— Melody Lau

Editor's note: strong language warning

'Stone Throwers (Gone in a Blink),' Shad

Shad's 2018 album, A Short Story About a War, is a concept album with fictional characters, but much of the content is not truly fiction. "The Stone Throwers (Gone in a Blink)" is Shad at his most direct, rapping about The Stone Throwers "as a metaphor for all powerlessness ... and for the hypocrisy that's an ever-present temptation for any of us with power."

The new video for it, directed by Toronto's Matthew Progress, uses a shaky camcorder to film what Shad so cuttingly addresses on the song. "What I hoped to capture in a visual for this song were two things: vulnerability and rage, the two main feelings I associate with powerlessness," Shad said in a statement.

"I was interested in using the monotony of the big city commute as a lens to examine the rage, vulnerability and isolation felt by many people of colour navigating modern society," explained Progress in a statement. "We set up a camera in an empty white room and left each of our actors alone. They were directed to channel real moments of rage and desperation they've experienced, and then react with no filter. Shooting the entire video on camcorder is a reference to the DIY style footage often seen in viral videos depicting police brutality. It is also meant to reference closed circuit security footage and the growing surveillance state." — HG

Editor's note: graphic images.

'Lost at Sea,' Kid Koala feat. Trixie Whitley

Love is always a tumultuous journey, but ancient Greek god Zeus' "love" stories were especially rife with conflict. This was no different in the tale of Io, a mortal woman who rejected the thunderbolt-wielding god, was thrown out of her home by her father because of a prophecy, and was turned into a cow by Zeus in an attempt to hide her from his wife, Hera. In "Lost at Sea," Kid Koala sketches this strange and expansive world in detail. From the ebbing and flowing of the Ioanian sea to the luminous constellations against an endless night sky, Kid Koala architects an inviting soundscape for us to wander and wonder. The track is off his new album Music to Draw To: Io, which was composed entirely on synthesizers, including some from from the National Music Centre's rare instrument collection. Accompanying Kid Koala's instrumentals is Trixie Whitley's powerful and protesting voice as an embodiment of Io. Her haunting vocals breathe new life into the long-established character: "Don't think that I won't fight for them/ Out of range/ Lost at sea/ It took me years to return to me." "Lost at Sea" is modern day myth-making at its finest.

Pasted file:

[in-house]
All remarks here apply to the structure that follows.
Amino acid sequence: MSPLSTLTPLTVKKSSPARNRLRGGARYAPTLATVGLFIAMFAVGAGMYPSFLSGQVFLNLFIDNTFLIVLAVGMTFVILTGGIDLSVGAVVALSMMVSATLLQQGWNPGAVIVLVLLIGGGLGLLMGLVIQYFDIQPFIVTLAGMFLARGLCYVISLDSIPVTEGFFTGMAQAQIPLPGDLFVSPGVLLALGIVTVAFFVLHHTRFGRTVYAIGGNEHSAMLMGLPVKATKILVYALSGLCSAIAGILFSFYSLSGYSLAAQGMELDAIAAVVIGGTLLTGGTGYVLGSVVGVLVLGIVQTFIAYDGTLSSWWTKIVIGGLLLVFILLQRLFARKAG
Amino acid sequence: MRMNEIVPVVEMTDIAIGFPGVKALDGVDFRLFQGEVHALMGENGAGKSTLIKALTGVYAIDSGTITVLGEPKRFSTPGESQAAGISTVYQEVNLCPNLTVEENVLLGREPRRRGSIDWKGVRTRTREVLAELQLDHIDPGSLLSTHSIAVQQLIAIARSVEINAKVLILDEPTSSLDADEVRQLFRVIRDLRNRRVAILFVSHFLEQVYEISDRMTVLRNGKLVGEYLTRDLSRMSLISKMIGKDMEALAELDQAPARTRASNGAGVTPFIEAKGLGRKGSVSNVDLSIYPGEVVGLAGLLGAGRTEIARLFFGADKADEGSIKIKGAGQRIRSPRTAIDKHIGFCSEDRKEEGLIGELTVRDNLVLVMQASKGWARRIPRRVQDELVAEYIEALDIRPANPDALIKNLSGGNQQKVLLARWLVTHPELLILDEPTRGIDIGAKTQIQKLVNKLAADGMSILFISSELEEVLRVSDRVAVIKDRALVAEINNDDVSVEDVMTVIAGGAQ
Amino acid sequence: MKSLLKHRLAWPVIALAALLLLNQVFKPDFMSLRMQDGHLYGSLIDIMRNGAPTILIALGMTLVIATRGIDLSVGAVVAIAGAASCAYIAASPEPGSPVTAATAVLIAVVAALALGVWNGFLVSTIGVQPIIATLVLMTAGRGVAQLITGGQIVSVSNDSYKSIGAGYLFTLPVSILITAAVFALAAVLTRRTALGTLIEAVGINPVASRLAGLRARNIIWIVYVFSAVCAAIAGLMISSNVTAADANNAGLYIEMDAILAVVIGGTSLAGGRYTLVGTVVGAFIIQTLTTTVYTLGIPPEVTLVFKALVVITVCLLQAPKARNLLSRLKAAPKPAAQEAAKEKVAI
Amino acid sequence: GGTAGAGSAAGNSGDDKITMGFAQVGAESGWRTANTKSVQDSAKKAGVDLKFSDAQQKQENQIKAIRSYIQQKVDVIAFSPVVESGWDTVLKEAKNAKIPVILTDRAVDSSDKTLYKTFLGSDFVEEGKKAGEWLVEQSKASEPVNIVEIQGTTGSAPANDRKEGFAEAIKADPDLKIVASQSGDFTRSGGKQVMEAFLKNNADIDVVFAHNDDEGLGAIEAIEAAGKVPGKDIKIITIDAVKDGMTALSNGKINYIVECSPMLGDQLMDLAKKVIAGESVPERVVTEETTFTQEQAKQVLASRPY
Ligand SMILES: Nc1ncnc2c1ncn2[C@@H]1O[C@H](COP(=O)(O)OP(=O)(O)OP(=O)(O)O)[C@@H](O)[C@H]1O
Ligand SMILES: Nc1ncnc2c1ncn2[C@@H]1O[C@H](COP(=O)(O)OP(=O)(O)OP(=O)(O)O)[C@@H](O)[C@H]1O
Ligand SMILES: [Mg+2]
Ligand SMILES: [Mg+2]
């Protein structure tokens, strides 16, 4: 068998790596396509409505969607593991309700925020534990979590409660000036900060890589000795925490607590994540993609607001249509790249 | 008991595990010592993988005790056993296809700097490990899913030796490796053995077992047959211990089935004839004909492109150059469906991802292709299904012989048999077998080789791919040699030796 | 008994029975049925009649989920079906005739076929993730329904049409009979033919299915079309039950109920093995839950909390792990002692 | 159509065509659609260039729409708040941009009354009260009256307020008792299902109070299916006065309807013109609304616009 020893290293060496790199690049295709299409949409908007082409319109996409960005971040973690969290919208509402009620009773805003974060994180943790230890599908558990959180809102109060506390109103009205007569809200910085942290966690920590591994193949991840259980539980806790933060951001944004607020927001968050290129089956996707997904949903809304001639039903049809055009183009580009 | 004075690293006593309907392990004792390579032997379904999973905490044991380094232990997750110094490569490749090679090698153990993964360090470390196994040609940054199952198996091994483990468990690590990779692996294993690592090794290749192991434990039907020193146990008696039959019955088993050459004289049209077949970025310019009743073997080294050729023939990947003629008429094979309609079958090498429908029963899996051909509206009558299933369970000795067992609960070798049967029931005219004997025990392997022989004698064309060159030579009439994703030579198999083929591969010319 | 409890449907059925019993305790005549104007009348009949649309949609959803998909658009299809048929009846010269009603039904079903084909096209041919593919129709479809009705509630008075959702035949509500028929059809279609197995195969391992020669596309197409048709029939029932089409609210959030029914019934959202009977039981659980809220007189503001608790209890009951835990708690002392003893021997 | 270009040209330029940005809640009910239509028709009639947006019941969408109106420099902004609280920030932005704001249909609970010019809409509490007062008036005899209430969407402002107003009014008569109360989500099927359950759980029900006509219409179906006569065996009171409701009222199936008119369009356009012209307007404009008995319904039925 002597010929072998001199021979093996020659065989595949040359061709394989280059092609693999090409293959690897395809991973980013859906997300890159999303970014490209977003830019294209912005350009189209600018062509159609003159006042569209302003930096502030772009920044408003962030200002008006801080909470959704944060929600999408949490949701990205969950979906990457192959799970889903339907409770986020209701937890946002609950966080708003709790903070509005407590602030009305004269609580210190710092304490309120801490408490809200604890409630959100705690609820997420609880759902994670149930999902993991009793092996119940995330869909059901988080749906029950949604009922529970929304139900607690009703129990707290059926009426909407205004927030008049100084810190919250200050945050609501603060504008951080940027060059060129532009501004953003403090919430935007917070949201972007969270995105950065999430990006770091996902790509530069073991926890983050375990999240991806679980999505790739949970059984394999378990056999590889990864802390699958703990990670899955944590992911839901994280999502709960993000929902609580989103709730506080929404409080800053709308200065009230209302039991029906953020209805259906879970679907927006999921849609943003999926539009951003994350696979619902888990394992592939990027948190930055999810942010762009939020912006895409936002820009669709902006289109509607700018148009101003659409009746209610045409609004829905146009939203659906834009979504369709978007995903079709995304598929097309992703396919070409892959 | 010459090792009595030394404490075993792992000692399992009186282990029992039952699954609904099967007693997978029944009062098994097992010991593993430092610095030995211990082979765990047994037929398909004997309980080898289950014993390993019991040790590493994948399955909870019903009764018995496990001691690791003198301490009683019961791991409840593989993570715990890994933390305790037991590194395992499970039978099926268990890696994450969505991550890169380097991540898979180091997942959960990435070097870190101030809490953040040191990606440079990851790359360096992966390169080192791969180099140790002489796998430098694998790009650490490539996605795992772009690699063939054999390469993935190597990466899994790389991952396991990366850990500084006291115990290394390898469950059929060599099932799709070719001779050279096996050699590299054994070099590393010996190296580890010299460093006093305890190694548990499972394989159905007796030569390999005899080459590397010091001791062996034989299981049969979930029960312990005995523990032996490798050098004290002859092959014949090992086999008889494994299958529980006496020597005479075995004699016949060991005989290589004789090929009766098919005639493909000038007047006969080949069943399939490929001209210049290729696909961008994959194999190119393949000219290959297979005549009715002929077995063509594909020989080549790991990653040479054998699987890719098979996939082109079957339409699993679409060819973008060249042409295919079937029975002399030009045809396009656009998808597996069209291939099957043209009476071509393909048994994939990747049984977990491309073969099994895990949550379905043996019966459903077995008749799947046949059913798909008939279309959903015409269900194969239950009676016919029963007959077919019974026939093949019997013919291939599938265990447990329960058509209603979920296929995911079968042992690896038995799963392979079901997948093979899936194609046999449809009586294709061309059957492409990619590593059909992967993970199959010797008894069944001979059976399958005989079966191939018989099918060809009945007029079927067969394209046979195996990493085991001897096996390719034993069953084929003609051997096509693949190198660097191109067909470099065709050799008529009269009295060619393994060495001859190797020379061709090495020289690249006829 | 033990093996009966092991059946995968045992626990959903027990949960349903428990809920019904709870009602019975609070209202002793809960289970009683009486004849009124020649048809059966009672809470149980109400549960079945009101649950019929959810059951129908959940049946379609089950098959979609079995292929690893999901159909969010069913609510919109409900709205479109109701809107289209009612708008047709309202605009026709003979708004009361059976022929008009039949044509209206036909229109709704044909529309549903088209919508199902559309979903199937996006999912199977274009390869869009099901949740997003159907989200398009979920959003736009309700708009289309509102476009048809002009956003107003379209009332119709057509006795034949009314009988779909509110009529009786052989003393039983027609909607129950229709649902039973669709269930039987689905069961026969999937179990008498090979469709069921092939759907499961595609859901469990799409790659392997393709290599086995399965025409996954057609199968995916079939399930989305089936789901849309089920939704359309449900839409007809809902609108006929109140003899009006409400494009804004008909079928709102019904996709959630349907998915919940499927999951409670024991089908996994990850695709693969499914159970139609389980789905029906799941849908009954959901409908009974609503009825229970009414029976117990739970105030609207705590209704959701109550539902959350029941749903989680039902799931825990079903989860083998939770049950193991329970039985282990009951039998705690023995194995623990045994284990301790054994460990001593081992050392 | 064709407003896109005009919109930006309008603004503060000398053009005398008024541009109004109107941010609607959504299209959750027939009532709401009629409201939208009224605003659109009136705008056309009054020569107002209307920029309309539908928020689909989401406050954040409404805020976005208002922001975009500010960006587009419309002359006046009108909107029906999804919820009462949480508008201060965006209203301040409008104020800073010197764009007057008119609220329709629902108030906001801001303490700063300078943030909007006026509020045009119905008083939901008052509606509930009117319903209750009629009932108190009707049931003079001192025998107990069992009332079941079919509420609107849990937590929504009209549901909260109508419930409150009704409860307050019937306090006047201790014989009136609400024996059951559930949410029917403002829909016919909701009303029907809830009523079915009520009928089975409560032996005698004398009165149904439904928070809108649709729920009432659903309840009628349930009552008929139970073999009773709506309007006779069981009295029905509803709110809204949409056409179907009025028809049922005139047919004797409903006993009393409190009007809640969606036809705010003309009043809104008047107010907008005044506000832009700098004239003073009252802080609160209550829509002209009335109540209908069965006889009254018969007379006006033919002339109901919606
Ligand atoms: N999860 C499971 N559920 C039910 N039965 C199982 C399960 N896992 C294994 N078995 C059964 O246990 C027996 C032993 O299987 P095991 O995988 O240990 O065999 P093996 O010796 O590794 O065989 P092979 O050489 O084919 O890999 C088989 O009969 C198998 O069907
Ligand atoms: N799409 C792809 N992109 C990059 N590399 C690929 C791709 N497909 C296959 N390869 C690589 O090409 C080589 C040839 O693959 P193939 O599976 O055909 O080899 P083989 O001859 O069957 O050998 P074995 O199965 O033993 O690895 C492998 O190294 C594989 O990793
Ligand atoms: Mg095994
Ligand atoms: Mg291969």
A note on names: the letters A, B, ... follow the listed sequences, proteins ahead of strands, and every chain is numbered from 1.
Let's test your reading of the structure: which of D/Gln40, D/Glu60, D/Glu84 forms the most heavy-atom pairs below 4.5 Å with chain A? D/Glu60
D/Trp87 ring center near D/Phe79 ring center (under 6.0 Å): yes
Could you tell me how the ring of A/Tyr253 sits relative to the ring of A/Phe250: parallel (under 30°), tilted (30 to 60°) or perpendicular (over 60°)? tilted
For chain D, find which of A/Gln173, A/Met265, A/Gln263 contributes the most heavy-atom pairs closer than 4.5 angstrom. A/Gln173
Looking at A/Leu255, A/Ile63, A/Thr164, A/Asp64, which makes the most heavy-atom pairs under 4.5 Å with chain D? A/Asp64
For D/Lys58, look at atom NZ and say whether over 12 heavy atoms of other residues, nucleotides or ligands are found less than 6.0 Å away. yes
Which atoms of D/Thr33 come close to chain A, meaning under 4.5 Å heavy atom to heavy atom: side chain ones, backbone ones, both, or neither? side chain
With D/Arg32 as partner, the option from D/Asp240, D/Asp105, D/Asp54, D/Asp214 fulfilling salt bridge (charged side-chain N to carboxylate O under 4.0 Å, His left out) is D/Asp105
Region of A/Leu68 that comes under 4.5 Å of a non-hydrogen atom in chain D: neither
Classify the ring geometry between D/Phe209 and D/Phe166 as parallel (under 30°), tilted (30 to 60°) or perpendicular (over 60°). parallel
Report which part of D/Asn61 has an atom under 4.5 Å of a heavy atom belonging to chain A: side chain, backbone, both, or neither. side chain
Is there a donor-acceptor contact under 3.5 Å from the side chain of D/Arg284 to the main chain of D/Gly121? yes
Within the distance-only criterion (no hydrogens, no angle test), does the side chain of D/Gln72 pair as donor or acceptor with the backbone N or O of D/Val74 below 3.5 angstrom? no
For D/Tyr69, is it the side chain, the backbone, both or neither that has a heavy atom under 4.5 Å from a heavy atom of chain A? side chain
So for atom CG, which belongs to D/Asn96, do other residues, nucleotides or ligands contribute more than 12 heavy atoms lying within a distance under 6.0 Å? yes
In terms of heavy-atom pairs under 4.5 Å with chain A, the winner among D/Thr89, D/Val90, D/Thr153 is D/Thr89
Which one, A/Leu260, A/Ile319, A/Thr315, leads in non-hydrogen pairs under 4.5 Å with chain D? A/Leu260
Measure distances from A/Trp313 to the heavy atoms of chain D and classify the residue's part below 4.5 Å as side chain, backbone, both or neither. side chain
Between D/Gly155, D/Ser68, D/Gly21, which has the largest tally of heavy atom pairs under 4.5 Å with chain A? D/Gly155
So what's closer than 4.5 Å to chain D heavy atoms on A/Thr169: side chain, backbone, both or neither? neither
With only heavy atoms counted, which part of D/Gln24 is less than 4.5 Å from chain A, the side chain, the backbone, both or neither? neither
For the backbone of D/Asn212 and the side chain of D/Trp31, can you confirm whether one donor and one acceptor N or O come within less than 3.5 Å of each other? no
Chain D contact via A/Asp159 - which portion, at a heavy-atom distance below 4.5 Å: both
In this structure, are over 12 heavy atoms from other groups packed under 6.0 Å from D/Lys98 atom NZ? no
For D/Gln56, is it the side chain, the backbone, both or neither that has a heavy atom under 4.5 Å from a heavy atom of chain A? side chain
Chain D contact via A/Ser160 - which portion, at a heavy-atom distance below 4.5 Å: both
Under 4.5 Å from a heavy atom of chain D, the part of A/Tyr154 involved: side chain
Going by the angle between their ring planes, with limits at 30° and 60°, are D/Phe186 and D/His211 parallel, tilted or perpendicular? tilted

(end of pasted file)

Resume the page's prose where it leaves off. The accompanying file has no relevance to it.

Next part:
— Natasha Ramoutar

'Oh, Family,' Jenn Grant

Jenn Grant's extraordinary new single, "Oh, Family," is death by tenderness. Against a foundation of mournful horns, Grant's exquisite voice climbs up and down the notes of the piano like two people scrambling up a cliff, slipping back down and pulling each other back up — the kind of love that exists in the space where we save each other.

— Andrea Warner